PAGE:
Nautilus has called on the government to address the decline of the British shipping industry and the conditions of 'modern-day slavery' that exist on some vessels operating around the country's coast.
Proposing a motion to this year's Congress, senior national secretary Ronnie Cunningham warned that conditions on some ships are worse than they were 250 years ago. He quoted the case of the Panama-flagged cargoship Tahsin, presently detained in Sharpness Docks with a crew owed three months of wages. They were forced to drink sea water and eat out-of-date food because the Turkish owners had failed to provide provisions for the ship.
Such ships are presenting unfair competition to British ships and seafarers and the British shipping industry could face terminal decline unless effective action is taken by the government to address the problems, Mr Cunningham argued.
In the space of a generation, we've gone from having an owned and registered fleet of more than 1,600 ships to just 452 last year. Nautilus senior national secretary, Ronnie Cunningham
'Sixty years ago, the UK merchant fleet amounted to 18% of world tonnage. Today, it's 0.8%. Forty years ago, there were almost 90,000 British seafarers. Today, it's just 23,000 and with more than half of them over the age of 45 and with recruitment into the industry at less than half the level needed, those numbers are set to fall by a further third over the next decade.'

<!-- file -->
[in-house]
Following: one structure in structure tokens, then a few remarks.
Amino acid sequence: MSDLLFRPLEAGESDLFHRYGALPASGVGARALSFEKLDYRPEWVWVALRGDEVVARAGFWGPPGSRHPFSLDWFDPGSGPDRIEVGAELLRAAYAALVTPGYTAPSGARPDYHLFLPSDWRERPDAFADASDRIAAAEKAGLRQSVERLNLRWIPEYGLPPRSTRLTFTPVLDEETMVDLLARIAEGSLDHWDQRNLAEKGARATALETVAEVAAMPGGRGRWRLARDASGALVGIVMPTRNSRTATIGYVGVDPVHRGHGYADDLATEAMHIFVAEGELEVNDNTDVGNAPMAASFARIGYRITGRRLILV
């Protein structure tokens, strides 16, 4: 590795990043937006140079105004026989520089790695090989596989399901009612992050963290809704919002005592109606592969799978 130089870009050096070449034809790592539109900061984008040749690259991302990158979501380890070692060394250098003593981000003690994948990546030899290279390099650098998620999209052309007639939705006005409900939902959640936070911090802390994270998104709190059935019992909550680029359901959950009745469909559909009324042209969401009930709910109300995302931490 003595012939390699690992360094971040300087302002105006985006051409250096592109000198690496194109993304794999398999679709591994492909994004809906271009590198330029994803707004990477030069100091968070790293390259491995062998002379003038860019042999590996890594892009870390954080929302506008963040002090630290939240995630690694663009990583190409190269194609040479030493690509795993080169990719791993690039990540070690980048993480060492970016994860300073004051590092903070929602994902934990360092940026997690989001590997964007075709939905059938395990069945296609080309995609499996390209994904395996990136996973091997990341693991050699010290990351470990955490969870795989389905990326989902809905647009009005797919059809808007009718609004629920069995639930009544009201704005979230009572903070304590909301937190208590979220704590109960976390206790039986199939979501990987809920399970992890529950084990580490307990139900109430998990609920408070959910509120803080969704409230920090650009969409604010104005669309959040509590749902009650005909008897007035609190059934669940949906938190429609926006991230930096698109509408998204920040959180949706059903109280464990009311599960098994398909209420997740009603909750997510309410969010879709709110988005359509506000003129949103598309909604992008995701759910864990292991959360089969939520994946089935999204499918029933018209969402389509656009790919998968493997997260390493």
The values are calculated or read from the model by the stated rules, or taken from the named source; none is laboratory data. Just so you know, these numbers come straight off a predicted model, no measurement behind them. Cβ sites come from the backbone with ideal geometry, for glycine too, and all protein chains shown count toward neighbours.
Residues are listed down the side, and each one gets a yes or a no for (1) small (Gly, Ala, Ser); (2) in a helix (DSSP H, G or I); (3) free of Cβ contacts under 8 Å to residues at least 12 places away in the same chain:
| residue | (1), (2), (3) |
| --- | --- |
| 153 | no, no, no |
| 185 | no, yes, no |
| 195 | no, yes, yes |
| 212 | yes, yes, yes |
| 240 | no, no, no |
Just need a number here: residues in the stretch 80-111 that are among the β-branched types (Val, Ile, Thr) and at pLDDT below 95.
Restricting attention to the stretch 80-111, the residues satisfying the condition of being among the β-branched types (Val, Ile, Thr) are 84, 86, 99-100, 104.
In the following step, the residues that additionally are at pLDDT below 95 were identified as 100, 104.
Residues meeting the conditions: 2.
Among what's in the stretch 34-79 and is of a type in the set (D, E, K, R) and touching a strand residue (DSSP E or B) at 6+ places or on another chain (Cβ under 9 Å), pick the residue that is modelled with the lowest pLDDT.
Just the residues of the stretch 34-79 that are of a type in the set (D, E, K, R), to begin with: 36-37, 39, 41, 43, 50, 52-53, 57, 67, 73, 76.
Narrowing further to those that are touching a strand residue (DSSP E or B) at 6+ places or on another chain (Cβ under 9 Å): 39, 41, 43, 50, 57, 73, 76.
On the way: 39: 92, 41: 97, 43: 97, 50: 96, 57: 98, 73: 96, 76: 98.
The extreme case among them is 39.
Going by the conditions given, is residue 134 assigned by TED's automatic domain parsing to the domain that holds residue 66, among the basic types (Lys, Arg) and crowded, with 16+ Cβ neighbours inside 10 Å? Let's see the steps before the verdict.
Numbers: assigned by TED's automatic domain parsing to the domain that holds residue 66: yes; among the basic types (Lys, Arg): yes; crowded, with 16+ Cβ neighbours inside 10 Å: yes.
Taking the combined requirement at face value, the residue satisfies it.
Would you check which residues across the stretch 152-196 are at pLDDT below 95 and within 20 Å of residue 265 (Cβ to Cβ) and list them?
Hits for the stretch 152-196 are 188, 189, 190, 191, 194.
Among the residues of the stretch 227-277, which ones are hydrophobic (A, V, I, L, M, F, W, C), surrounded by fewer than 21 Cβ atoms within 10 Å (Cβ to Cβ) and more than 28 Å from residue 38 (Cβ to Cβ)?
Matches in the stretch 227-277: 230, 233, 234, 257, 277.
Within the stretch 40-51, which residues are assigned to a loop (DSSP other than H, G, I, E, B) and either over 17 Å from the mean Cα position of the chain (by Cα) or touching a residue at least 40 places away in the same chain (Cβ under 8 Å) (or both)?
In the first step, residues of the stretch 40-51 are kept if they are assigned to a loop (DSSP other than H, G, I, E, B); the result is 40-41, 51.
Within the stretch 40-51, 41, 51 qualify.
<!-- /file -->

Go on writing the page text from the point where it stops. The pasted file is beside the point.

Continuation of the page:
Mr Cunningham said there was a glimmer of hope in 2015, when the government's own Maritime Growth Study came up with 18 recommendations that would 'keep Britain as a great maritime nation'. Sadly, nothing of substance had materialised since then and the government needed to translate its warm words of support for the industry into practical action, he added.
Seconding the motion, William Jones of RMT claimed Britain's merchant fleet was 'dying on its feet'. A seafarer of 40 years' experience, he claimed: 'It's getting worse week by week, month by month, even day by day.'
The motion was passed unanimously.